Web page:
^^ He'd be a good choice. I was also thinking of Michio Kaku.
Again, the key to making a new version successful is not merely to try to imitate the original, but to do a modern version of the same sort of thing it did. It's not about copying Serling's look or his writing style or whatever -- it's about following his lead and creating an anthology of intelligent, literate fantasy stories that serve as insightful allegories about the issues that face our world today. Many of which are adapted from prose stories by some of the top SF/fantasy authors of the day, often by the authors themselves. And which are done by talented, accomplished actors and feature solid production values, visual and makeup effects, and music.
What I said was that stylized writing is not a bad thing-- in fact, it's a good thing. Aside from that, there are several ways that one can successfully approach a continuation. One is as you say, to utilize contemporary styles (e.g. bland color palette, shaky cam, Bendis-style dialogue) to make the concept relevant to a contemporary audience. The other is to do an homage, to use the distinctive writing and cinematography of the original to tell contemporary stories. On an artistic level, either could work, although the former is more likely to be financially successful.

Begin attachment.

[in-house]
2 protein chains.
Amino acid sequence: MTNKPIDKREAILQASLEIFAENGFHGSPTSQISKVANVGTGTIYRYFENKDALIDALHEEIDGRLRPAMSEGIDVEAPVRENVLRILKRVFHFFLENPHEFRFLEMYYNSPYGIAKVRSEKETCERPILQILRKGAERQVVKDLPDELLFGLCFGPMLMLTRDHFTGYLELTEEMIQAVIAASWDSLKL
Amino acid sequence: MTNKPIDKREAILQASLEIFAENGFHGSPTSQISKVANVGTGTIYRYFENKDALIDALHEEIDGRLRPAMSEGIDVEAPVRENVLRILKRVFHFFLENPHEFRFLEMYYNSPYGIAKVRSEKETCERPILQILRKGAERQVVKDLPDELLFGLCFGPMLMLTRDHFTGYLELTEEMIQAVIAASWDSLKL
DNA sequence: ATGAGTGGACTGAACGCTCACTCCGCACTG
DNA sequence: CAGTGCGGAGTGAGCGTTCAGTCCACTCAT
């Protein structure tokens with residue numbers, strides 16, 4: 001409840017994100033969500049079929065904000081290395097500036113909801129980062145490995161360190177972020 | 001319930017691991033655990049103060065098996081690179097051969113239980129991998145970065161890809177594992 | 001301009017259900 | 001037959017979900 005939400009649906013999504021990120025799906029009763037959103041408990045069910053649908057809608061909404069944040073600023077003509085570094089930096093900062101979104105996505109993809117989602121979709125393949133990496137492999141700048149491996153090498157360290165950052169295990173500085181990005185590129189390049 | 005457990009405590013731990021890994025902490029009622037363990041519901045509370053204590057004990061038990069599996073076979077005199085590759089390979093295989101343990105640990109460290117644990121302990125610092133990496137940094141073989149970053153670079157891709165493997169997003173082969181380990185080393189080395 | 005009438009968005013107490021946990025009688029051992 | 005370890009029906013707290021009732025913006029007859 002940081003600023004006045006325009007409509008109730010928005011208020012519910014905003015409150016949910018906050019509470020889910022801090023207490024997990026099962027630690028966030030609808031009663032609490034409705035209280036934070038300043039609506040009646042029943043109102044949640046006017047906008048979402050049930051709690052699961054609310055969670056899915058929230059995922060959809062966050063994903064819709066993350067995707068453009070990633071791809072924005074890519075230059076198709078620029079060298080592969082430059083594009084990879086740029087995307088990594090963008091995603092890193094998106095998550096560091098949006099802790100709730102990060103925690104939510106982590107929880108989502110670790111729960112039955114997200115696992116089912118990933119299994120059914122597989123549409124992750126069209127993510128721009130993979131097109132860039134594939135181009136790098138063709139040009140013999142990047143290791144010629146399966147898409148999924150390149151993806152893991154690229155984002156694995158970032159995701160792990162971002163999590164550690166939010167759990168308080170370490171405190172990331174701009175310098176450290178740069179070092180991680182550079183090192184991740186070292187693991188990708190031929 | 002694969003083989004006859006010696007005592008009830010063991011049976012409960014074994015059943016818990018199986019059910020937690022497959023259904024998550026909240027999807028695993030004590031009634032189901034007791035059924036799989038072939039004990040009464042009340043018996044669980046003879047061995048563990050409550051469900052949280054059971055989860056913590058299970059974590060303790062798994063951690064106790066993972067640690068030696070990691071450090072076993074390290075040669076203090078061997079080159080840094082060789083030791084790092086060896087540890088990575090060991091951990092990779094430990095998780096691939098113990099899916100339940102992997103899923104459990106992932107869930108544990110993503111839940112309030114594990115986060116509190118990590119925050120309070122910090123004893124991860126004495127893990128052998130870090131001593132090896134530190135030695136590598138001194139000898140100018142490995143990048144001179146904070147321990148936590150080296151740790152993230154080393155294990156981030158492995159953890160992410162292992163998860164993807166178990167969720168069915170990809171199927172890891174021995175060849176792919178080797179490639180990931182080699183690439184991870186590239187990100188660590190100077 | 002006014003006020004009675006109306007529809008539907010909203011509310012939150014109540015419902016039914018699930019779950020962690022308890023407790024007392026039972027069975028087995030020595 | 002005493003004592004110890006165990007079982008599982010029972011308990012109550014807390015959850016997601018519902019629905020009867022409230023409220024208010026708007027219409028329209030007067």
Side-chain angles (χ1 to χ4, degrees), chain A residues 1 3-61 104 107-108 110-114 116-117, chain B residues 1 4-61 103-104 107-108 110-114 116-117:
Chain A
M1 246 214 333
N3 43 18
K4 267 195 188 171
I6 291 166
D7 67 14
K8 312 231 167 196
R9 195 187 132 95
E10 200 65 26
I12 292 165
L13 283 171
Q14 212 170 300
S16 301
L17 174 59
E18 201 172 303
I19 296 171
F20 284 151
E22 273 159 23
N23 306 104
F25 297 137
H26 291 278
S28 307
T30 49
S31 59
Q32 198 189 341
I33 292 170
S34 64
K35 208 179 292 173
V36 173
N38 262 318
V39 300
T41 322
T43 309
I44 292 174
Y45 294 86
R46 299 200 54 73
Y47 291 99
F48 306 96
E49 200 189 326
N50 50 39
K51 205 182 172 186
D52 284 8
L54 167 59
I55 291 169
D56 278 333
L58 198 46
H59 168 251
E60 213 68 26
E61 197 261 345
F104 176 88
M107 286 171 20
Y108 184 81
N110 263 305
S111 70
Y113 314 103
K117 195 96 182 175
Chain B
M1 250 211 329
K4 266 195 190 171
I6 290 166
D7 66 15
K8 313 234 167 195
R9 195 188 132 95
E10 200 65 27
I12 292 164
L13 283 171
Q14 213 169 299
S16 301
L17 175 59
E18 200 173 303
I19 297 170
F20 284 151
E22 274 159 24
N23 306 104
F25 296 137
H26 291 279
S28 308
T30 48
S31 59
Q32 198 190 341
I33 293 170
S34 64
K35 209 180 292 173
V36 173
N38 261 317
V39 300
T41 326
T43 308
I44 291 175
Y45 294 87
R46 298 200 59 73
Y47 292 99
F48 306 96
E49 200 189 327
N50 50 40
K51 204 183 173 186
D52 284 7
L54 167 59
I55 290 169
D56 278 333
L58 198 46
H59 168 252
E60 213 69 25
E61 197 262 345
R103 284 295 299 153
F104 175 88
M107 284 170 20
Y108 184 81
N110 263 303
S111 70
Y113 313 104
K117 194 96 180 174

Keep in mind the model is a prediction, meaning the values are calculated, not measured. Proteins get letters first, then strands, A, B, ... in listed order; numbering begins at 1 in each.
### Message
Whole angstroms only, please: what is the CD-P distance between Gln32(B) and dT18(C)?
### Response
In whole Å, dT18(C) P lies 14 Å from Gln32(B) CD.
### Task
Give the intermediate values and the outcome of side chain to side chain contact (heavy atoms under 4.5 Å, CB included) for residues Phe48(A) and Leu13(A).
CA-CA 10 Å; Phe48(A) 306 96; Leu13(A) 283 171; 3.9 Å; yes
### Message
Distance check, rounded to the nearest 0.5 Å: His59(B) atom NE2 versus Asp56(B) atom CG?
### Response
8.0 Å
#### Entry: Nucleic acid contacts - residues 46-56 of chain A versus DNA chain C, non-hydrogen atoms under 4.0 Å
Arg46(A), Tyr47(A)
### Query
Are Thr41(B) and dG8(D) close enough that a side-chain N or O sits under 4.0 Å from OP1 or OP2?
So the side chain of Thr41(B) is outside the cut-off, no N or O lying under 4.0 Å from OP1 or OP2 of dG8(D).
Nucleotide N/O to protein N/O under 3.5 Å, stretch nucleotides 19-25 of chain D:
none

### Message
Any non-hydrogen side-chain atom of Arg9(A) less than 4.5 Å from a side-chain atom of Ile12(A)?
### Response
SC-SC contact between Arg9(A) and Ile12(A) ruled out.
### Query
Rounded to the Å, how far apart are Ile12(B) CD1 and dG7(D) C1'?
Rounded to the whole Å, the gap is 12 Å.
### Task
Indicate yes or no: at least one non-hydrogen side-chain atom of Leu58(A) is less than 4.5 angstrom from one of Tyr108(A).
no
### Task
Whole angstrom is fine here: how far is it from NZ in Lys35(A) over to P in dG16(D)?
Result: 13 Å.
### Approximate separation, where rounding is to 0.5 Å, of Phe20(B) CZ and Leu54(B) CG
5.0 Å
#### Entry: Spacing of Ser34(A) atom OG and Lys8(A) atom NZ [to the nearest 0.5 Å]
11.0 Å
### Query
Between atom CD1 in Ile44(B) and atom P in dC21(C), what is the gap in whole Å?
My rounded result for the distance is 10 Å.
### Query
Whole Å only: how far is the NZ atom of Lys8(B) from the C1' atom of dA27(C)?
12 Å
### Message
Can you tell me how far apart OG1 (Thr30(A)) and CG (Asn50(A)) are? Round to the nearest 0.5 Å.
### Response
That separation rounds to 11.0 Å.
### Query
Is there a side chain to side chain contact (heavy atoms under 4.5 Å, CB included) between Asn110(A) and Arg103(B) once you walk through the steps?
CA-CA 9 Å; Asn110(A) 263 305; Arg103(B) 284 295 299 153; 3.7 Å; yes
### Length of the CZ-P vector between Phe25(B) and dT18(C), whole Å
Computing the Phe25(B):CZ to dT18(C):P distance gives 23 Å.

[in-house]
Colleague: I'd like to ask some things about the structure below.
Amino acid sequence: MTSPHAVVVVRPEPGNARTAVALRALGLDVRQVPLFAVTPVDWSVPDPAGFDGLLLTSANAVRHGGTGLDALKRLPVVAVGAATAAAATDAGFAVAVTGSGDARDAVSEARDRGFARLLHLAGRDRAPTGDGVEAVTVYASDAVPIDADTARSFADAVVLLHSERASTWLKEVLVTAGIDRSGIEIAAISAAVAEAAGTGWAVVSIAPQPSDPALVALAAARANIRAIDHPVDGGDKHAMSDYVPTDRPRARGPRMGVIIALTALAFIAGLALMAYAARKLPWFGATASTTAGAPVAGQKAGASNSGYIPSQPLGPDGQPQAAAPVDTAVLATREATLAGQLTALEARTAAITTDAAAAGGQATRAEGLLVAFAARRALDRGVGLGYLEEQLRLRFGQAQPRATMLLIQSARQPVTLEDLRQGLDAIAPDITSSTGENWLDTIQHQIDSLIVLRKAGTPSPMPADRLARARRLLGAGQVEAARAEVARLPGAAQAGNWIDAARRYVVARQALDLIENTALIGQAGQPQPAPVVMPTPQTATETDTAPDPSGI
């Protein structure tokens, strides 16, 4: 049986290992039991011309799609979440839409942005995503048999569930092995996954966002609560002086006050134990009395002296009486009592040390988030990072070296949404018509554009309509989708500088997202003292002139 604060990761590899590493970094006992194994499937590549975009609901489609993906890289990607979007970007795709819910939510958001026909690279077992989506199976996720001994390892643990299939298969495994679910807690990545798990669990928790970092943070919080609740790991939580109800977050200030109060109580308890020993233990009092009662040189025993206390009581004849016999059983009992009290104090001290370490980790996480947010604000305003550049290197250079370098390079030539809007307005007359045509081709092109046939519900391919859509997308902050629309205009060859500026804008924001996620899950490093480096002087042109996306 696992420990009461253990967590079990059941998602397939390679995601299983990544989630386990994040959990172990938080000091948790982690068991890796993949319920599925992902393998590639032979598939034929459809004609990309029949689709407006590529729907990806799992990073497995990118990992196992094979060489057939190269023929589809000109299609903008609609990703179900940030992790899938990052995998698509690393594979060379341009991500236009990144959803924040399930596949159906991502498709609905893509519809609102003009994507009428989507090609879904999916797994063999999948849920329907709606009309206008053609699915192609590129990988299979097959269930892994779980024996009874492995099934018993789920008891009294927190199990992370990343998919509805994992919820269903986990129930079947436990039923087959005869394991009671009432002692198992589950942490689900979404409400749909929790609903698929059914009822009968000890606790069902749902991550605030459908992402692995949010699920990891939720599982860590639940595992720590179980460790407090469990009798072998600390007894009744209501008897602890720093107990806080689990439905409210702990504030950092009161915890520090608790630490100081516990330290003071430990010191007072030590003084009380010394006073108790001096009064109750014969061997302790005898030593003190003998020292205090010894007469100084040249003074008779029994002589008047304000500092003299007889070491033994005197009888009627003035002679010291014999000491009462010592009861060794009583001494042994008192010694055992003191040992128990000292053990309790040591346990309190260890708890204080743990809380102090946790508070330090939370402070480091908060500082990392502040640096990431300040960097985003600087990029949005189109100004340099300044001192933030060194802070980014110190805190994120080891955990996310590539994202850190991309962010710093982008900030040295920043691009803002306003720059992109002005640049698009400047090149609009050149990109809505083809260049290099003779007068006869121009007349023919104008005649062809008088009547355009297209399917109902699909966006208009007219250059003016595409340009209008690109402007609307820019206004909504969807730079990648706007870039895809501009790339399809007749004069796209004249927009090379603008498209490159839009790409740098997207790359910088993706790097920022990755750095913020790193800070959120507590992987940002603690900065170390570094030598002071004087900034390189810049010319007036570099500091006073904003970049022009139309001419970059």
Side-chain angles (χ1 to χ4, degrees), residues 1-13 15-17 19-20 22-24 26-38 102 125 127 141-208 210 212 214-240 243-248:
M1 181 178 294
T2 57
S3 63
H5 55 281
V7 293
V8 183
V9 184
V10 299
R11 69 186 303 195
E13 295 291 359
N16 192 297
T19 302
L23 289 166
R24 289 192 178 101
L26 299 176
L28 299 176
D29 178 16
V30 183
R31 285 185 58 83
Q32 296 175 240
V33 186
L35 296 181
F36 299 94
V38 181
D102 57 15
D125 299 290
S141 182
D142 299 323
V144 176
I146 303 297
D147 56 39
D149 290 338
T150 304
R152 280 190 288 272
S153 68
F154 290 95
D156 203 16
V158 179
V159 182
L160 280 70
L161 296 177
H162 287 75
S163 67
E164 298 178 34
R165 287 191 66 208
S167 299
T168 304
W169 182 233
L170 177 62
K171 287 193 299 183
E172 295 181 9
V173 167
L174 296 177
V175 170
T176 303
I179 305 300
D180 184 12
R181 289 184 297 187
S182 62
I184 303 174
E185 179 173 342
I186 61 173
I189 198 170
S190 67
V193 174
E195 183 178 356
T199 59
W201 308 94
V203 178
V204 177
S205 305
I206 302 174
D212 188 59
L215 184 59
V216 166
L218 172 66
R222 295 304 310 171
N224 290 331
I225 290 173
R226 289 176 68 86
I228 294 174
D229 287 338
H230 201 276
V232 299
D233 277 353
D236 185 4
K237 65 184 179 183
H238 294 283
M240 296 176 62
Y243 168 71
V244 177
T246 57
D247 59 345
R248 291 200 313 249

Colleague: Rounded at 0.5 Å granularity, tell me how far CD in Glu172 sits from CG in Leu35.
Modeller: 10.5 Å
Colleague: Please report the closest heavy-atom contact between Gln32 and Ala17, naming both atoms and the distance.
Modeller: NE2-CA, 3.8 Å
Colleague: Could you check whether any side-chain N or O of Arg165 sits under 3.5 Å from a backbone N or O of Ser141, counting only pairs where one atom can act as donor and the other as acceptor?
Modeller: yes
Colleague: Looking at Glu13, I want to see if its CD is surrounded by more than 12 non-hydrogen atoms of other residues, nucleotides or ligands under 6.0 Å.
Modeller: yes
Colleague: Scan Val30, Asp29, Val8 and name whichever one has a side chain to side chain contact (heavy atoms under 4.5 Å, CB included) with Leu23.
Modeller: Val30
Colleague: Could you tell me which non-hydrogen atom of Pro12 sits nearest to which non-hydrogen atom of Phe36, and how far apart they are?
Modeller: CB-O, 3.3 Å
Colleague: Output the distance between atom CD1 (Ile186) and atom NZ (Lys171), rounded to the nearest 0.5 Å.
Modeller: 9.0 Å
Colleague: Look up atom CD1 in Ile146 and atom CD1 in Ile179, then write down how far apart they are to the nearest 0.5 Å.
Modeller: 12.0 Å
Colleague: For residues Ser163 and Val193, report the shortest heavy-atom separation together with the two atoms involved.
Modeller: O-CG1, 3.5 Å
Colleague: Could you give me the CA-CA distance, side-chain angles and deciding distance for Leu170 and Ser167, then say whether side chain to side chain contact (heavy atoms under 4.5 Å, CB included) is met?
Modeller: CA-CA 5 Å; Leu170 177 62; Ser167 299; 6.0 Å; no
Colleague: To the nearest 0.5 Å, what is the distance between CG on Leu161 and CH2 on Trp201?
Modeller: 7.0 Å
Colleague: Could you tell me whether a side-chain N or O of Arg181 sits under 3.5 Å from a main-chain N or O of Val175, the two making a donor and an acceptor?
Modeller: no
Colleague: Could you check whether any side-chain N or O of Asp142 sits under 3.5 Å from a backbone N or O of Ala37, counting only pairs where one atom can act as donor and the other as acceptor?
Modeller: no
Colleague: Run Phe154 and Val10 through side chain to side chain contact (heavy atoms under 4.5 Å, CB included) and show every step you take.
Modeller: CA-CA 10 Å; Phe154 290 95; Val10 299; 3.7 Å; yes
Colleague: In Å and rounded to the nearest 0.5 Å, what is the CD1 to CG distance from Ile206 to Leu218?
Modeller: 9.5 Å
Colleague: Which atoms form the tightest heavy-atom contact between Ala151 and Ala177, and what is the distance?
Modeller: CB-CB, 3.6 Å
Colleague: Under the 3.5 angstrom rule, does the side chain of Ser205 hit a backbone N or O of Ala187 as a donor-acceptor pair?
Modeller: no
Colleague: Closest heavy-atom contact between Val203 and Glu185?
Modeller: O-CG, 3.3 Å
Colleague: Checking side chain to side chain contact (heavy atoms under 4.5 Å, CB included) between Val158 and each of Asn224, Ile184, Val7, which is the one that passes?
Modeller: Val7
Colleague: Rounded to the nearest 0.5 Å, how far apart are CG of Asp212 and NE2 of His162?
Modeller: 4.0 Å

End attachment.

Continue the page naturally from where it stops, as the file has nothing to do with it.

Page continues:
Since someone has mentioned "Palladin of the Lost Hour", I'd also like to toss it "Message from Charity", "The Star", and "The Last Defender of Camelot" as great segments of the Eighties incarnation of TZ.
"The Star" is one of my favorite stories and I was pretty happy with the adaptation, although they did soften up the ending a bit.